I have officially made a decision to move forward - I have an LLC (and a name!), and I've done the first part of the training. Now I'm trying to find the first two clients I need to get listed in the national directory.

Itís really a needed service! Many elder services and other not-for-profits dedicated to seniors help with moves and selling all the stuff left behind, and many nursing homes or assisted living facilities have lists of approved vendors, but if I could have hired someone to take care of ALL those details when I moved my mom, I would have done it in a heartbeat!


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niccig
11-12-2018, 10:34 PM
Late to this - I hope your momís arm has healed and she let you help.

Regarding the hoarding, I posted over the summer about cleaning out my dadís barn that had several decades worth of car parts, machinery, tools, and wood. It was a humongous task, but Iím glad we did it. Dad had no choice as needed it cleaned out for structural repairs due to termite damage from all the stored wood and inability to get in there and spray for termites. Dad hated it but i gave him his options: us, strangers Iíd pay to do it or roof collapses and he loses everything. He reluctantly chose us. He couldnít physically help so had to watch us sort things into trash, scrap metal, keep piles.

From what I read, itís best to tackle hoarding when that is all youíre dealing with. Many articles said to not wait until the person dies, which often happens, as youíre then dealing with grief as well. Cleaning out a hoarders home does cause anger and itís difficult to deal with as it is. We also found treasures like Dadís dog tags in a plastic grocery bag, so you do need to sort through things.

DS and I helped mum get half the barn cleaned out, then my sister arrived a couple weeks later and she got most of the 2nd half completed with mum. Maybe you could tag team with your brother? Or split it up over several trips. Itís certainly not a fun thing to do, but it has to get done. I felt less stressed knowing it was done. Iíve already told DS the next visit over the Summer will be tackling the outside area behind the barn. Mum canít do it alone.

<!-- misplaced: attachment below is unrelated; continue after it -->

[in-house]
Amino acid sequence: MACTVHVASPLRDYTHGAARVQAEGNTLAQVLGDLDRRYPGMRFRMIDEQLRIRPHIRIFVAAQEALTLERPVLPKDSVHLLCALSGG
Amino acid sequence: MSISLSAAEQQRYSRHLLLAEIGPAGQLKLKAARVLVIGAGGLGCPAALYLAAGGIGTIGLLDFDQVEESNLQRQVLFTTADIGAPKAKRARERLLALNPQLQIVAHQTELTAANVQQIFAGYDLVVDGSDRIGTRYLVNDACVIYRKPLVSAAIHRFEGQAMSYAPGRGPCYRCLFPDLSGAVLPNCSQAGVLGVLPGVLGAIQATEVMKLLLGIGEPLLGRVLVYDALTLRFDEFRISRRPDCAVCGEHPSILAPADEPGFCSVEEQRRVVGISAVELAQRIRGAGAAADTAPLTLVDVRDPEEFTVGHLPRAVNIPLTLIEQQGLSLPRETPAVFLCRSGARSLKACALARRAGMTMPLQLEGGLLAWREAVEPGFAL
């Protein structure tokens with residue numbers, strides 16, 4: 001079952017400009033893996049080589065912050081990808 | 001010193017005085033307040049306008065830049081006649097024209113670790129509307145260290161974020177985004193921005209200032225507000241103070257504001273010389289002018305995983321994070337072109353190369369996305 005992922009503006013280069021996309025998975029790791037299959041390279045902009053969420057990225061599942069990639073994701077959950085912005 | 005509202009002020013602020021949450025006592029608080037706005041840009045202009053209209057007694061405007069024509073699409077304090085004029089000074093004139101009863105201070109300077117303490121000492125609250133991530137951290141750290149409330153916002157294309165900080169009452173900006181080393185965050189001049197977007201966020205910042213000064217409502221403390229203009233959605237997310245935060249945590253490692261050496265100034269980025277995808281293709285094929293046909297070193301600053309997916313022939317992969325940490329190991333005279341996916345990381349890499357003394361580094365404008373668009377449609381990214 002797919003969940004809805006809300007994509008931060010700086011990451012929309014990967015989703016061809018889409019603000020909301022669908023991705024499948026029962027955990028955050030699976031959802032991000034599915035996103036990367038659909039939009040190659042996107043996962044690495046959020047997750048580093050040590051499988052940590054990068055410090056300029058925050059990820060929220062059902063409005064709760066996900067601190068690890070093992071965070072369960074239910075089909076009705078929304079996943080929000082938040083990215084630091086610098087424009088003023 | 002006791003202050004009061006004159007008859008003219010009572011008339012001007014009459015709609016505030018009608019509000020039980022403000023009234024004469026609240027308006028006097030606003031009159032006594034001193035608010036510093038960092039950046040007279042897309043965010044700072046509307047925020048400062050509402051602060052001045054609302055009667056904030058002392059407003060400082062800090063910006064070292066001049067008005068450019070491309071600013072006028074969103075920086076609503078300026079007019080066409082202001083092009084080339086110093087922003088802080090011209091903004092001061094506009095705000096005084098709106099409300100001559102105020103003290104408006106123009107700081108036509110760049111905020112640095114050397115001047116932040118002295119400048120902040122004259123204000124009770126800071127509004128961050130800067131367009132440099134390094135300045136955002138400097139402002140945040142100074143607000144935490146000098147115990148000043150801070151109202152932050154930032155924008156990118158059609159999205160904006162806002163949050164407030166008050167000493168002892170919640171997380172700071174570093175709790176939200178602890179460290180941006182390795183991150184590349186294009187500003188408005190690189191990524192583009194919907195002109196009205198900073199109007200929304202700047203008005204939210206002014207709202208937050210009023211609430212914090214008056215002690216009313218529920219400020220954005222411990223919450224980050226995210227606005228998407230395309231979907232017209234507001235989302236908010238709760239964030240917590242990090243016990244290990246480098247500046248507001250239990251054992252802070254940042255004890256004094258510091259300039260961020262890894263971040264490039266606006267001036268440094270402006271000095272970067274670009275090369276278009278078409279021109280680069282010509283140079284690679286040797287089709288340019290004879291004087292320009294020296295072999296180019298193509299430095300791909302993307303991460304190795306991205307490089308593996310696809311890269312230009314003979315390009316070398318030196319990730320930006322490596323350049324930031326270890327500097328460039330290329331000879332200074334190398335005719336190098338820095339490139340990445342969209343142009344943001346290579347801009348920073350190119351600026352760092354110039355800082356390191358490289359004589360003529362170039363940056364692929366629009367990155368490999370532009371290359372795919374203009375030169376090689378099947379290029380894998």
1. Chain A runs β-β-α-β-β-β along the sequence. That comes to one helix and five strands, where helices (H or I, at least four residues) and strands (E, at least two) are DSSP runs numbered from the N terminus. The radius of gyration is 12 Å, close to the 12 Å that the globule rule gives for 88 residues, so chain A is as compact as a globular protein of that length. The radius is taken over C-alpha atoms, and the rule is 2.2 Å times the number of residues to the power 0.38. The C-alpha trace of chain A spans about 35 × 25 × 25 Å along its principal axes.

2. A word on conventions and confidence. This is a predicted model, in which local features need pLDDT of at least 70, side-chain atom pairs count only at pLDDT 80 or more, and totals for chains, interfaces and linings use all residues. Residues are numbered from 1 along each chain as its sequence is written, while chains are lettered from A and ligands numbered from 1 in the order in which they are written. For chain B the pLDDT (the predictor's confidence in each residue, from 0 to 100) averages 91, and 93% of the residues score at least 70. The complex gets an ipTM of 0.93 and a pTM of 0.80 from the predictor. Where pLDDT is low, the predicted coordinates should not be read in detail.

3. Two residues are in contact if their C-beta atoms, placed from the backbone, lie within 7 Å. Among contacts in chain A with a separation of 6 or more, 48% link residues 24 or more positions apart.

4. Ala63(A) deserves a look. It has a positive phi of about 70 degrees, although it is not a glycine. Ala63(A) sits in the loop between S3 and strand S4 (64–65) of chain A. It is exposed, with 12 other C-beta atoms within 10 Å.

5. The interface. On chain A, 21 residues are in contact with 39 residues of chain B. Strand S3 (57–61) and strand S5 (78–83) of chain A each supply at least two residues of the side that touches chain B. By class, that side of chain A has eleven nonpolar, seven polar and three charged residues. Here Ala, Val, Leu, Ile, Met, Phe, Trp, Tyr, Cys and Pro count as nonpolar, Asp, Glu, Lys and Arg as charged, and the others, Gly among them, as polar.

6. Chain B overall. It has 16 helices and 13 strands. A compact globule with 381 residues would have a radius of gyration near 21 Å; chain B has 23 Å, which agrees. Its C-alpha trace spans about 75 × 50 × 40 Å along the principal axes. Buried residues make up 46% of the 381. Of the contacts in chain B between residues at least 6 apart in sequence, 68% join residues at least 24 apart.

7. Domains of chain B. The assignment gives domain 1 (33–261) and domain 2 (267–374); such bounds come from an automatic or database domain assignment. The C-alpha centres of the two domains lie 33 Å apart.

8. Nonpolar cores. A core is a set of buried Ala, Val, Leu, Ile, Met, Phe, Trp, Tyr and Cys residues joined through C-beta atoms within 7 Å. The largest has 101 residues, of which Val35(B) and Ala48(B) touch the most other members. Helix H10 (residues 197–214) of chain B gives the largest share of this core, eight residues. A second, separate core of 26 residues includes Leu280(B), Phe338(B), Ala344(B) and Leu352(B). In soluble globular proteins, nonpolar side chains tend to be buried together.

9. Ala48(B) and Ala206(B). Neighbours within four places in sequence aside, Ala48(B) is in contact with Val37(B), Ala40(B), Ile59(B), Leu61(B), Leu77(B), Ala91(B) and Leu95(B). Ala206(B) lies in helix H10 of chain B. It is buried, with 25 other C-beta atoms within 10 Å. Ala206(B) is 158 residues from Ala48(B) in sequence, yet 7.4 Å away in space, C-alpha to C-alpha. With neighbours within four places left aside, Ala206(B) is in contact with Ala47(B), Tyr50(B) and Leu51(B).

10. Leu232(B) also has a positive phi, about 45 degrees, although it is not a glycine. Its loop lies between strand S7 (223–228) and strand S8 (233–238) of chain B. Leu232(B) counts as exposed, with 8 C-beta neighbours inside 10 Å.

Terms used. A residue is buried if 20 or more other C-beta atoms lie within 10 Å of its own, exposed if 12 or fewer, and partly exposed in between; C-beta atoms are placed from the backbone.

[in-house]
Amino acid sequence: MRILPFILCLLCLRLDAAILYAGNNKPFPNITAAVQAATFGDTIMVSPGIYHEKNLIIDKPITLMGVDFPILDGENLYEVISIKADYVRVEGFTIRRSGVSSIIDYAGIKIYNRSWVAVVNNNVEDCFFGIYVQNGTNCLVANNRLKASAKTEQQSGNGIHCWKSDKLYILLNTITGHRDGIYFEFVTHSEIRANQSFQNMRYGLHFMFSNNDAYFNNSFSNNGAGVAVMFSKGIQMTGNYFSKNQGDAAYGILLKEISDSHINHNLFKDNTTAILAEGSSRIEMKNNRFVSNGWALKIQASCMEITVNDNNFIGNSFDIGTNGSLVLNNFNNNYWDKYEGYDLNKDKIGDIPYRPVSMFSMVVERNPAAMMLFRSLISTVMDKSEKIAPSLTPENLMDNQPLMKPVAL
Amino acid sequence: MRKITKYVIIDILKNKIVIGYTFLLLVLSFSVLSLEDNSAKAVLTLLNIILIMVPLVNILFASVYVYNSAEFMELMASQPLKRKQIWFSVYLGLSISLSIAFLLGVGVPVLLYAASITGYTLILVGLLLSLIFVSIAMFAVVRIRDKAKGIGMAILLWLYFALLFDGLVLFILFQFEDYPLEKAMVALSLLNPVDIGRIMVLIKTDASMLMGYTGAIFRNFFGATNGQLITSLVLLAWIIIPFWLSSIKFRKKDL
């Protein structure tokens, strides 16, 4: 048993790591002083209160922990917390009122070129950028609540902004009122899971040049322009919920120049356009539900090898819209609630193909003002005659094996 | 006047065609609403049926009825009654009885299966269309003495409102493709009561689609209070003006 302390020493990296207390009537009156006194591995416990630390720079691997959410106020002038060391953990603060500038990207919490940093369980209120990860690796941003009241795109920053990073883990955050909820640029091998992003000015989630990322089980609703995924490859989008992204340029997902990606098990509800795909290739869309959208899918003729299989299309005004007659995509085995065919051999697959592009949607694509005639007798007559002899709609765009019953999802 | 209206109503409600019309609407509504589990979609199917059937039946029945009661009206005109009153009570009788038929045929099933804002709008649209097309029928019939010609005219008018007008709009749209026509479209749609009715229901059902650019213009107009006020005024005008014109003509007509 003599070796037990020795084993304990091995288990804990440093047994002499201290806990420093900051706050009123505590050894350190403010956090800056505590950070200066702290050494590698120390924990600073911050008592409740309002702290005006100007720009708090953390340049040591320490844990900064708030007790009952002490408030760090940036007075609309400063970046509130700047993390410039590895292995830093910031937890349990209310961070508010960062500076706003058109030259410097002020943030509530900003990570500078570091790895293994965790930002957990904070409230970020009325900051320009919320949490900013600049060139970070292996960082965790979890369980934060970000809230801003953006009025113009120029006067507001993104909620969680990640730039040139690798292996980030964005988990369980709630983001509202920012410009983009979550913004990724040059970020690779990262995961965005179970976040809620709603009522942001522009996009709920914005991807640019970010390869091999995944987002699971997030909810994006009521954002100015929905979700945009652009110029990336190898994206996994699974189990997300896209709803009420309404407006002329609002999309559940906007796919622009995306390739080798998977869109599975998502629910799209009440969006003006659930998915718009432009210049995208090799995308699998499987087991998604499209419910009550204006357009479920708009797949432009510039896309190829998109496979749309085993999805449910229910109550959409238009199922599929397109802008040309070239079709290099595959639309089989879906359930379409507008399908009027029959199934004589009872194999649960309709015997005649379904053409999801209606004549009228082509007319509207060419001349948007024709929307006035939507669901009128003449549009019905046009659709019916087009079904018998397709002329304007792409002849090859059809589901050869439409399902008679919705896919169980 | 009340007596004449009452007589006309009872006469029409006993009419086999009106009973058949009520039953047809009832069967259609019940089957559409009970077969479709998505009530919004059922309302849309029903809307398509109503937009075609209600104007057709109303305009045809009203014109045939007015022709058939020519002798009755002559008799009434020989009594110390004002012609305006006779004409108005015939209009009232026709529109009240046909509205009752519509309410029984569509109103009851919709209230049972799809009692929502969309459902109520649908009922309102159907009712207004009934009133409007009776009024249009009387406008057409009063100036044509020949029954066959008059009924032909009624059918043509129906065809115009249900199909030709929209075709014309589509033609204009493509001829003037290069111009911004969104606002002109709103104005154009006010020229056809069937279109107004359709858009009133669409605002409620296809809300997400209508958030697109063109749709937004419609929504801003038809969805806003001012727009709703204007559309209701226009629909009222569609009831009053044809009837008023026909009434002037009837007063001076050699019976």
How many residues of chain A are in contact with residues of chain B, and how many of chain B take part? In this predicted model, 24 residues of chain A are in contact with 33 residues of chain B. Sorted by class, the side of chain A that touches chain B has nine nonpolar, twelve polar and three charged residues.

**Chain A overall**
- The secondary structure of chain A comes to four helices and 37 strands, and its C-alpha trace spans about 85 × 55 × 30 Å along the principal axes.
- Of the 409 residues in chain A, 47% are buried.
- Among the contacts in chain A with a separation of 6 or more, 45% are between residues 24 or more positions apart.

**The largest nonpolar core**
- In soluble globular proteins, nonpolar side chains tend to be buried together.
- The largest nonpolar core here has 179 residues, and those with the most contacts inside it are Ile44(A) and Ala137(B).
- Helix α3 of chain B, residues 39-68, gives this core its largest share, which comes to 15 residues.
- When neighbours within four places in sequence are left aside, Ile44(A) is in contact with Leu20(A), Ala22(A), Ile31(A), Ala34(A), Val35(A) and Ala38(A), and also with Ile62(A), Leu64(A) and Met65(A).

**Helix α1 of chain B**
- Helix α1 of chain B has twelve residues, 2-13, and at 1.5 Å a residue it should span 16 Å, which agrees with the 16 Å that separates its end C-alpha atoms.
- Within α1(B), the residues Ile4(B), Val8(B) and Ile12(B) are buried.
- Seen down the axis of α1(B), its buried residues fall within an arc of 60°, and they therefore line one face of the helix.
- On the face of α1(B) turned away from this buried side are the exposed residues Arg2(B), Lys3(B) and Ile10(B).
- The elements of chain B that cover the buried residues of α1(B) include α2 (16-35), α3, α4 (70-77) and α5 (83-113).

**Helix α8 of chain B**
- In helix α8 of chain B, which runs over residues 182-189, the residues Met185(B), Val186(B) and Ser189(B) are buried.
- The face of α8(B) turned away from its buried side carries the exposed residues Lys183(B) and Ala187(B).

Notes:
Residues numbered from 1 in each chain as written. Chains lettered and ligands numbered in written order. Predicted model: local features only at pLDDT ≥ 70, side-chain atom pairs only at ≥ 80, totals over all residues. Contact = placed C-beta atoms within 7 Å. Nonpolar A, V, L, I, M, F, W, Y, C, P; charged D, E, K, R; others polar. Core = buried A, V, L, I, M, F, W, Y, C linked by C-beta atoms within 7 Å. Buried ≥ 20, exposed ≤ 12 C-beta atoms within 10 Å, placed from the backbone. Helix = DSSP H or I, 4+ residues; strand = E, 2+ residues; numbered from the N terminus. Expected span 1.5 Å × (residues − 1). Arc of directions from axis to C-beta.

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wendibird22
11-13-2018, 06:38 AM
Sheís heeling but itís sooooo slow. Itís her right arm and sheís right handed so thatís been challenging for her. No driving. No lifting. So sheís really pretty much home bound.

My schedule is such that Iíve only spent one weekend afternoon trying to do some cleaning out. An elderly neighbor learned of the hoarding and has been helping clean (heís a widower and a kind man) and my dad has gone over quite a bit to clean out. And weíve barely scratched the surface. Most of it is garbage...newspapers, catalogs, mail...but itís just all mixed in with things that need to be saved or shredded so you canít just toss it in the recycle bin without going through the piles. Itís physically and emotionally exhausting.


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ourbabygirl
12-08-2018, 10:28 AM
Just seeing this now and sending you hugs, wendibird22. :hug: That's a lot to take on, and I admire you for doing so much to help out. :heartbeat:

niccig
12-10-2018, 09:05 PM
She’s heeling but it’s sooooo slow. It’s her right arm and she’s right handed so that’s been challenging for her. No driving. No lifting. So she’s really pretty much home bound.

My schedule is such that I’ve only spent one weekend afternoon trying to do some cleaning out. An elderly neighbor learned of the hoarding and has been helping clean (he’s a widower and a kind man) and my dad has gone over quite a bit to clean out. And we’ve barely scratched the surface. Most of it is garbage...newspapers, catalogs, mail...but it’s just all mixed in with things that need to be saved or shredded so you can’t just toss it in the recycle bin without going through the piles. It’s physically and emotionally exhausting.


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I get it. It is exhausting to sort through all the stuff for the one thing that needs to be saved. We made a dent in my Dad's barn because we did several days of 10+ hours. Then I left and my sister arrived a few weeks later and she continued for 10 days or so. It was CRAZY making. So not an enjoyable family vacation. We still need to do outside the barn. DH wants to come on the next visit and I'm telling him no as he won't want to shift through all the junk on his few vacation days per year. t's got to get done though.